Pakistan's National Security Committee, attended by the prime minister and army chief of staff, also issued a statement, and said the U.S. was scapegoating Pakistan for its own failure to bring peace to Afghanistan after 16 years of war. Moreover, on social media, people in Pakistan have been showing their anger expressing that the U.S. president was disrespectful to their country and criticized the U.S.-Pakistan relations. Some say that it is enough; Pakistan won't fight somebody else's war any longer.
As a Turkish citizen, I feel sympathy toward the reactions of the Pakistanis, since I saw how Washington has tried to put the blame of its own failures on Ankara during the civil war in Syria many times in the last couple of years. Having a 822-kilometer-long border with Syria, Turkey has been seriously affected from the bloody conflict devastating its neighbor. Hosting nearly 3 million Syrian refugees, Turkey did not get the promised support from its U.S.-led Western allies.
Making matters worse, Washington attempted to accuse Ankara of supporting terrorists while Turkey was hit again and again by deadly terror attacks from terrorist groups that managed to cross the border and tried to carry the war in Syria onto Turkish soil. Meanwhile, Washington has supported one of the terrorist groups that have been behind those attacks: the Democratic Union Party (PYD), the Syrian offshoot of the outlawed PKK, which is listed as a terrorist organization in the U.S.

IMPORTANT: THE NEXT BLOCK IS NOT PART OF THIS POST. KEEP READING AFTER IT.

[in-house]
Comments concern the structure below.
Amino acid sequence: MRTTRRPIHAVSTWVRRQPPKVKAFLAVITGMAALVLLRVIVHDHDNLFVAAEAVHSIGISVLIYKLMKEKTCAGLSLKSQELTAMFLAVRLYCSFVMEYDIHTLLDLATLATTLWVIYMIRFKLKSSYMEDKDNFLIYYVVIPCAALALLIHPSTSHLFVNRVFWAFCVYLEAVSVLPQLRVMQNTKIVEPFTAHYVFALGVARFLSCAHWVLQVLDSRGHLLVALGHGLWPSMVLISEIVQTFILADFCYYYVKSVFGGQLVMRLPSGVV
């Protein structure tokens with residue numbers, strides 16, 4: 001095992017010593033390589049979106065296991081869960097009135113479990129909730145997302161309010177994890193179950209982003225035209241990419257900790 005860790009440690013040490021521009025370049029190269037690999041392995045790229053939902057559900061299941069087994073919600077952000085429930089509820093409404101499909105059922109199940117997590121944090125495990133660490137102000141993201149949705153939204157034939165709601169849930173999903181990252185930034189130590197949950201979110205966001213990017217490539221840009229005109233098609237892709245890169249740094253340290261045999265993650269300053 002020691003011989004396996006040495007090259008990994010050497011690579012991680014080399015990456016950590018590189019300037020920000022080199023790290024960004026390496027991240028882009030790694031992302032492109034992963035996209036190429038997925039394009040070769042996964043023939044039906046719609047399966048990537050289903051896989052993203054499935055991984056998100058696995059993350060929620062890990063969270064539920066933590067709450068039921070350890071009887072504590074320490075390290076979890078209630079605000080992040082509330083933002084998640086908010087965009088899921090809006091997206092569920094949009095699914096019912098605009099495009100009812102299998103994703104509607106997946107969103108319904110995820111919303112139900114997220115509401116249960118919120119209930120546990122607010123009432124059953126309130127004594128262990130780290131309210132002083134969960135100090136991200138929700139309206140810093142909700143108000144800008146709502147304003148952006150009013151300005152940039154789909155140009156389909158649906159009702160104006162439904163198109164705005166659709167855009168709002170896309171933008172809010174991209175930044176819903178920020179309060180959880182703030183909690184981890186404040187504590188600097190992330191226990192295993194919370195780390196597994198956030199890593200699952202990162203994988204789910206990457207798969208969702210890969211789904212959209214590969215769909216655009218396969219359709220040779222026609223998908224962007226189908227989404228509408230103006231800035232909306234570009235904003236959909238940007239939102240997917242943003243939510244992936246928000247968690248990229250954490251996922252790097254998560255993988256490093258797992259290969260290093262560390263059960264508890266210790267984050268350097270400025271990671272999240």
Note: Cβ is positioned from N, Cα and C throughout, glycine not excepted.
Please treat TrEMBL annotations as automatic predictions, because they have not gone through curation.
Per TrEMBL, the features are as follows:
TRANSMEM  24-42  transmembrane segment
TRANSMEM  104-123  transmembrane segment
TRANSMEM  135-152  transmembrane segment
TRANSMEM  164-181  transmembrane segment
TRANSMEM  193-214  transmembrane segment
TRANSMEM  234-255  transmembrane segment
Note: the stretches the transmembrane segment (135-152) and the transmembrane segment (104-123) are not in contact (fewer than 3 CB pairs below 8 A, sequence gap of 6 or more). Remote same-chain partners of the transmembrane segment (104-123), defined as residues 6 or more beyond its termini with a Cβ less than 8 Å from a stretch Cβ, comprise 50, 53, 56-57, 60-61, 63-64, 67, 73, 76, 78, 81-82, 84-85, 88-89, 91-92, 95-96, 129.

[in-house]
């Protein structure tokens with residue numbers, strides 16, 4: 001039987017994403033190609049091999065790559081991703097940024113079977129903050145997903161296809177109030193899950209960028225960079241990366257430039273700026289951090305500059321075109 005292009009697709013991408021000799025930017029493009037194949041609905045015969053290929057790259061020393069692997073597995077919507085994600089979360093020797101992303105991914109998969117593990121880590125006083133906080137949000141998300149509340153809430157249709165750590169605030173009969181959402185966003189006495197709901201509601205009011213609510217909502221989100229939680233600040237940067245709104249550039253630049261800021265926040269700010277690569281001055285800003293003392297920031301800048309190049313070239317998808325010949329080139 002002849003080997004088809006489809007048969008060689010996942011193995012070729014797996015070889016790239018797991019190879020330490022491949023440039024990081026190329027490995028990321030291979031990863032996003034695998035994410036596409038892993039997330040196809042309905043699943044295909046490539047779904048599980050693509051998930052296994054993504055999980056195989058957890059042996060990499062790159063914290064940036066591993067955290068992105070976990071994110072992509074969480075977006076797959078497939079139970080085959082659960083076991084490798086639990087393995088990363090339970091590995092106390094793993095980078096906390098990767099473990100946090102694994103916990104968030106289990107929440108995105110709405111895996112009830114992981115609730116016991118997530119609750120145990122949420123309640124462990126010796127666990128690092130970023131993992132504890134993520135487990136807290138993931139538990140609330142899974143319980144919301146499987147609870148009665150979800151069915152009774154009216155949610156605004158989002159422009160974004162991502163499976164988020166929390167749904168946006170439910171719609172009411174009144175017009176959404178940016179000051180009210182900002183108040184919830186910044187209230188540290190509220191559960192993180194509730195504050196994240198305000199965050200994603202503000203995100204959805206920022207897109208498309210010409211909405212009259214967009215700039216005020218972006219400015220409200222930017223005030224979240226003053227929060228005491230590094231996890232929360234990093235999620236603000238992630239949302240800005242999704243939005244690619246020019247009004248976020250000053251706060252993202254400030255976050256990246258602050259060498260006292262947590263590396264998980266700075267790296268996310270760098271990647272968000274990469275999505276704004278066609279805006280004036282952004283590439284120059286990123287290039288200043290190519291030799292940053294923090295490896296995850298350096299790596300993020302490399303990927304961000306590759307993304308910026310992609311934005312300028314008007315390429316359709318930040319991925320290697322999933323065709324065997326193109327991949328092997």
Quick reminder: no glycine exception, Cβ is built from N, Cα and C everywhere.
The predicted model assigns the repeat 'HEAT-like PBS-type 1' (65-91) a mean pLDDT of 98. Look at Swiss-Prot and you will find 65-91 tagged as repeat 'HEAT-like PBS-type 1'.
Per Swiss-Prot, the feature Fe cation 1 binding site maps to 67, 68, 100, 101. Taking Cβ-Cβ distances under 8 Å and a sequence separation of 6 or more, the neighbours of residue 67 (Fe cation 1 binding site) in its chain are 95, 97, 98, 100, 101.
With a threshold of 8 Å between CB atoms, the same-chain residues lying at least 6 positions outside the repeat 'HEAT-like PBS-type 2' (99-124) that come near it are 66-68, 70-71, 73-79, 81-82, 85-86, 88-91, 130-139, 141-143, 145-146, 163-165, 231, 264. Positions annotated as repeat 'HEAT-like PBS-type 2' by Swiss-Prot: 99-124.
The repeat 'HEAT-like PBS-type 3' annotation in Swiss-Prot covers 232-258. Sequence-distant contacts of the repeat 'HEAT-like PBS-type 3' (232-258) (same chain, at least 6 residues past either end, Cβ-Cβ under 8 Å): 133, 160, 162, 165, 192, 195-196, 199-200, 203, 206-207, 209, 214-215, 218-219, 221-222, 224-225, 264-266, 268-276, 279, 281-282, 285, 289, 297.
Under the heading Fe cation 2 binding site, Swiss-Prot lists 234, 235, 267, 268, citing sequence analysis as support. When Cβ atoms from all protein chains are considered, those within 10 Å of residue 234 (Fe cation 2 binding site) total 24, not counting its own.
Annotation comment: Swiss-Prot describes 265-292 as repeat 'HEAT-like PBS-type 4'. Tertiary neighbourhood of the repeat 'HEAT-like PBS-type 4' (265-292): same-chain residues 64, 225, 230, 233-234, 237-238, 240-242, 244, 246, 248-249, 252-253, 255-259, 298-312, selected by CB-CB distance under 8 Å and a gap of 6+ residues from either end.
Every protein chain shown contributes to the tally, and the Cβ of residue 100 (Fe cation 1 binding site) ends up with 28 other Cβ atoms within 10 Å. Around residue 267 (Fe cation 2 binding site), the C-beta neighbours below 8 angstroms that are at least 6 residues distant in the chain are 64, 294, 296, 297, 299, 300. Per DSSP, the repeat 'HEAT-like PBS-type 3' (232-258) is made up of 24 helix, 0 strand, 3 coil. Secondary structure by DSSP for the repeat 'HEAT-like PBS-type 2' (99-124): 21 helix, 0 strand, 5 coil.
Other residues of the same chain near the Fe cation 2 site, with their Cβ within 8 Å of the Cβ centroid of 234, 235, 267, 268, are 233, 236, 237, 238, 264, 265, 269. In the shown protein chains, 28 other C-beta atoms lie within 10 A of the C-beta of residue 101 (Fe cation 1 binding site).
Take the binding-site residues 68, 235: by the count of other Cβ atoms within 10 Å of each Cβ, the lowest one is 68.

Likewise, Pakistan is among the countries that have been hit by terrorist attacks, having lost thousands of civilians and soldiers to the bloody violence that has been storming the region since 9/11. Even though there has been a decline in terror attacks targeting Pakistan, around 430 terrorist incidents took place in the country in 2017 alone. According to the figures released by the National Counter Terrorism Authority (NACTA) of Pakistan, 110 terror incidents occurred in 2001, 56 in 2002, 88 in 2003, 159 in 2004 and 113 in 2005. A total of 1,444 terror attacks were carried out in 2006, while in 2007 there were 1,820 terrorist incidents. 2008 recorded 1,575 attacks, and 1,938 attacks occurred in 2009. In 2010, terror attacks hit a new peak with 2,061 attacks. Some 1,680 attacks were launched in 2011, 1,316 in 2012, 1,571 in 2013 and 1,816 in 2014. In 2015, 1,139 terror attacks were recorded, and in 2016 the number was 785.
Looking at the statistics since 9/11, no one would think the accusations of the U.S. toward Pakistan are fair or right. Let alone the respect that the allies must show to each other, there is no sympathy in Washington for the people who lost their lives. Putting Pakistan in the row of countries hit by the U.S. storm-making policies, I believe the Trump administration will be unable to find the support from the rest of the world, even its NATO allies.
No matter how much the U.S. administration increases the pressure on Pakistan, it will not be able to see Islamabad on his knees. If the U.S. cut its alliance with Pakistan, there will be one and only winner: China. Just like the U.S. pushed Turkey to sit on the table with Russia and Iran to solve the problems in its region, Beijing will come forward with further financial offers and new opportunities of cooperation. As long as Washington keeps bullying its allies to obey its misguided policies, the anti-American sentiment will continue to rise everywhere, and the gap it opens will be filled with rival powers.